When Levity Meets the Technical
Everywhere in the Crochet family tree, there’s a winemaker.
Xavier Crochet is the seventh generation of Crochets to become a winemaker and turn to livin’ the land. There’s no way around it: winemaking flows through the Crochet family’s veins. Xavier says that it was “natural and like my duty to take over the vineyard.” But Xavier also dabbled in other things. “I tried to fight it by going to school,” he says. That’s what growing up is, in a way: moving away from the only life you know to come back to it when you’re mature and ready. “Deep down, I always knew,” Xavier says. “When I was young, I used to say it all the time.”
Eventually, G. X. Crochet Champagne will go to the couple’s children, 16-year-old Louise and 14-year-old Pierre — if they want it. Gaëlle’s maternal duty kicks in. “We don’t want to force them to do anything,” she says. “But if they want to, we’ll do everything to help them.”
Don’t Reinvent Champagne, Refine It
Growing up on a vineyard taught Xavier to value hard work and love nature. “I think it’s a very noble profession,” Xavier says of farming. “But it’s difficult to find a good life balance.”
His father still works at 75 years old and lives nearby with his mother, which comes with the perk of spending more time together. Although she wasn’t raised at a winery, Gaëlle calls wines “a family passion” nonetheless. She remembers her father making her smell the wines he would drink. “I feel like everyone is trying to get back to their roots,” Gaëlle says.
Another passion of hers is music, which she brought to the family business. “All of our vintages have a name linked to music,” Gaëlle says. It’s true: Harmonie 3.8, Accord de Blancs and Extrait de Noirs all fit the profile of a good wine or a good symphony.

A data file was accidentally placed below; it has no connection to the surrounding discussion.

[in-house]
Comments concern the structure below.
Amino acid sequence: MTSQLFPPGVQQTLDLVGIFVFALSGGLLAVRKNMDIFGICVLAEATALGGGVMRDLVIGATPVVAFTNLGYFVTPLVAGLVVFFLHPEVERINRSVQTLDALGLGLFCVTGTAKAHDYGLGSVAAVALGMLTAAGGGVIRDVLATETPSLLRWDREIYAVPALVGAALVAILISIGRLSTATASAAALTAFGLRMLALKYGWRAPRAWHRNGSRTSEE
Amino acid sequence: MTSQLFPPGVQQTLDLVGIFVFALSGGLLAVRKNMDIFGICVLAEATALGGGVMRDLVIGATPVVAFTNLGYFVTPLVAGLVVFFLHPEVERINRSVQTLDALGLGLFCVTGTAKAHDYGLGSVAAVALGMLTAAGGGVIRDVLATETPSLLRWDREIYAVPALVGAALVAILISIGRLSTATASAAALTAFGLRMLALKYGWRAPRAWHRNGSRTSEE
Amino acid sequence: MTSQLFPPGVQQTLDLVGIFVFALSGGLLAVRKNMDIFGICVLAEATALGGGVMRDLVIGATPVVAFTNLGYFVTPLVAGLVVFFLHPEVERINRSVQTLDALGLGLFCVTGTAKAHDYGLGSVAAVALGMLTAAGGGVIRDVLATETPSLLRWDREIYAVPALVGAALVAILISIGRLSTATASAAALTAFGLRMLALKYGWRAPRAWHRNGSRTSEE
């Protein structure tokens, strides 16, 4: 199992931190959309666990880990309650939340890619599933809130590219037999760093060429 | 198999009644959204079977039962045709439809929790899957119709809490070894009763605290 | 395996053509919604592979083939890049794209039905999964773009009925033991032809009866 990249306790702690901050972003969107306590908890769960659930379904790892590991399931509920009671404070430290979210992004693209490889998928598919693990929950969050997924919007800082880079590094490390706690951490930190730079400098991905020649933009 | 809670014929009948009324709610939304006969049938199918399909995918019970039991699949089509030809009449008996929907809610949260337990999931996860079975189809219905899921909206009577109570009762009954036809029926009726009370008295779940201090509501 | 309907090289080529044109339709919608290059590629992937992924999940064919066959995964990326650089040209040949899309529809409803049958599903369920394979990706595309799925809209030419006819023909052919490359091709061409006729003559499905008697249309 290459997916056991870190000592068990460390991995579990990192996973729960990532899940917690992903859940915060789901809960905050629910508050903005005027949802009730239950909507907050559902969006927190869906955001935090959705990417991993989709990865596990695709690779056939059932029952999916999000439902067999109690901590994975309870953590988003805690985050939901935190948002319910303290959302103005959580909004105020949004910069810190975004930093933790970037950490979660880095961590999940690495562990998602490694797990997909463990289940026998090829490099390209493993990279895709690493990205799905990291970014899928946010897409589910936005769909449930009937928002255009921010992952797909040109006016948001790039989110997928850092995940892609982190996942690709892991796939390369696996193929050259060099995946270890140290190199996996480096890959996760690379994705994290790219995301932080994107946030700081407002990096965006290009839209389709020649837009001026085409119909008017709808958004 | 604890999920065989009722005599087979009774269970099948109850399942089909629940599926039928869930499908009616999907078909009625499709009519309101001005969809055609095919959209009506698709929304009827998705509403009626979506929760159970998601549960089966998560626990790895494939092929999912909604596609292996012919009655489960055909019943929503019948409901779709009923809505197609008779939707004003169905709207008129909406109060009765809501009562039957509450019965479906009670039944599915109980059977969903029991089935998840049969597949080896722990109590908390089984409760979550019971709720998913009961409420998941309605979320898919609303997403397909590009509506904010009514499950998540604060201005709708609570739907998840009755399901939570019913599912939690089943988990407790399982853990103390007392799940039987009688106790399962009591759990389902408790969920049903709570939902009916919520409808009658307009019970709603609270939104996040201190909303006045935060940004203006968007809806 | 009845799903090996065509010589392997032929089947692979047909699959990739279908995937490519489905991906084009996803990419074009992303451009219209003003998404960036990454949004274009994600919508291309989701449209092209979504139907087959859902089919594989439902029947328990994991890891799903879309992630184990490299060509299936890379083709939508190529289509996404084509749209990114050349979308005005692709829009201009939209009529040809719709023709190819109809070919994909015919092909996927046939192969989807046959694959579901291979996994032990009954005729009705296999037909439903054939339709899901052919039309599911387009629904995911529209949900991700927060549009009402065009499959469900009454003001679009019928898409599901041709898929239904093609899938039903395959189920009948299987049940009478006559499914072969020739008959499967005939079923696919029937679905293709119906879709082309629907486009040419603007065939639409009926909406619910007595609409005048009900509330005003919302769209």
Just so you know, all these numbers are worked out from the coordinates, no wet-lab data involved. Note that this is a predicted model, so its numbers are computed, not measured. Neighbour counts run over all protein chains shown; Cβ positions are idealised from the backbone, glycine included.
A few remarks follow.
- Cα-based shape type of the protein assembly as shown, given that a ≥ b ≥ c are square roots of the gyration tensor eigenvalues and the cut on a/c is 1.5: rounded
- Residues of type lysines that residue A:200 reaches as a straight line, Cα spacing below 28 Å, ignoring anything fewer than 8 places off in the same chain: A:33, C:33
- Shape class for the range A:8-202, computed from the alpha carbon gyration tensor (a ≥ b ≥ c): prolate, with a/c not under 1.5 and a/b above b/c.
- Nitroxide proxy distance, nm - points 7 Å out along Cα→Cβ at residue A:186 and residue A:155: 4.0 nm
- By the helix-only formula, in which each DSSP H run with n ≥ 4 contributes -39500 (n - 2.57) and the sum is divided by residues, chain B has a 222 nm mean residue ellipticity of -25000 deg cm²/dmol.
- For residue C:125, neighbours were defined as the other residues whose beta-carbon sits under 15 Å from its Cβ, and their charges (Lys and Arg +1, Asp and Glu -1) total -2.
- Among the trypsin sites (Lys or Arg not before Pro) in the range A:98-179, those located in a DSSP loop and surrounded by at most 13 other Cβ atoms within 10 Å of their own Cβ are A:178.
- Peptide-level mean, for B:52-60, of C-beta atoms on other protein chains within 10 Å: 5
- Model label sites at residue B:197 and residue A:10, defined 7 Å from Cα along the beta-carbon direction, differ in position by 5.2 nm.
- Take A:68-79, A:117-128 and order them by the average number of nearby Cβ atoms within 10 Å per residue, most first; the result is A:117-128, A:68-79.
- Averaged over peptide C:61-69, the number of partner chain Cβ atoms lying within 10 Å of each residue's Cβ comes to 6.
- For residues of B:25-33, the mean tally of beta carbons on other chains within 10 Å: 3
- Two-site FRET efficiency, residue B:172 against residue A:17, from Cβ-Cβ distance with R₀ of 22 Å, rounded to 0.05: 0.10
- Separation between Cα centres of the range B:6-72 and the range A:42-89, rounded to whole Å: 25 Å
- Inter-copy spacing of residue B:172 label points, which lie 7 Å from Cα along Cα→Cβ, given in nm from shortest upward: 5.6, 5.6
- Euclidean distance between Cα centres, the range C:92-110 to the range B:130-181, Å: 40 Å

Xavier and his wife complement each other. “I haven’t changed my approach; I do the right thing at the right time,” he says. “Gaëlle is more artistic, more carefree, and leaves more place to happenstance.”
With champagne and music, you need time, perseverance and rigor.
We’re Always Learning Something
There’s a way, Xavier says, to describe the production of wine or champagne in purely practical terms. “To produce good wine is to produce a good grape,” he says. “You need to accompany its degradation and control its oxygenation.”
But there’s more to it, of course. Your land and soil play a major role for the grape. If you don’t pour your soul into your champagne, Gaëlle says, it shows.
Here, Xavier chimes in. “Some things change subjectively but not quantitatively,” he explains. “Our champagnes reflect us. There is a lot of us in every bottle, a lot of our soul.”
Bringing Their Vision to the Family Business
Producing a high-end product comes with challenges. Finding workers and a dependable source for raw materials is tricky for a small business like theirs. Xavier adds, “Manual labor isn’t valued anymore.”
For someone as meticulous as he is, harvest days are a bane. Xavier says harvesting season is “always frustrating” because things change so quickly: one day, everything could point to harvesting, and the following day, everything would be completely different.
One thing the couple never worries about, however, is the reputation of their product. “The champagne name is well protected and respected,” Gaëlle says. “Everything is already properly set up.”
There’s value in that. “Notoriety comes from the fact that our product is a champagne,” Gaëlle says. “Not that it’s a G. X. Crochet.”
At least not yet.
Riding is useful and fun
The Perfect Day Starts and Ends Outdoors
Xavier says he has difficulty delegating and not being hands-on. But working with Can-Am side-by-sides for farming is different, even for a workaholic like Xavier. “When we have one, we use one. It’s as simple as that,” Xavier says. He calls the Can-Am Traxter “a beautiful utility ride. And fun to ride too!”
Riding around the vineyard helps Xavier and Gaëlle prioritize tasks. With these vehicles, they can also carry what they need, like water, meals and tools.
With Can-Am off-road farm vehicles getting things done more quickly at the vineyard, the family has more time to relax. What do they do then after they’re done riding and working? They like to share a drink with family or friends, those they hold close to their heart.
But they can let you in on a secret: they prefer red wine to champagne. “When we drink champagne, we directly look for what’s wrong with it,” Gaëlle says.
Champagne, in other words, has no more mystery.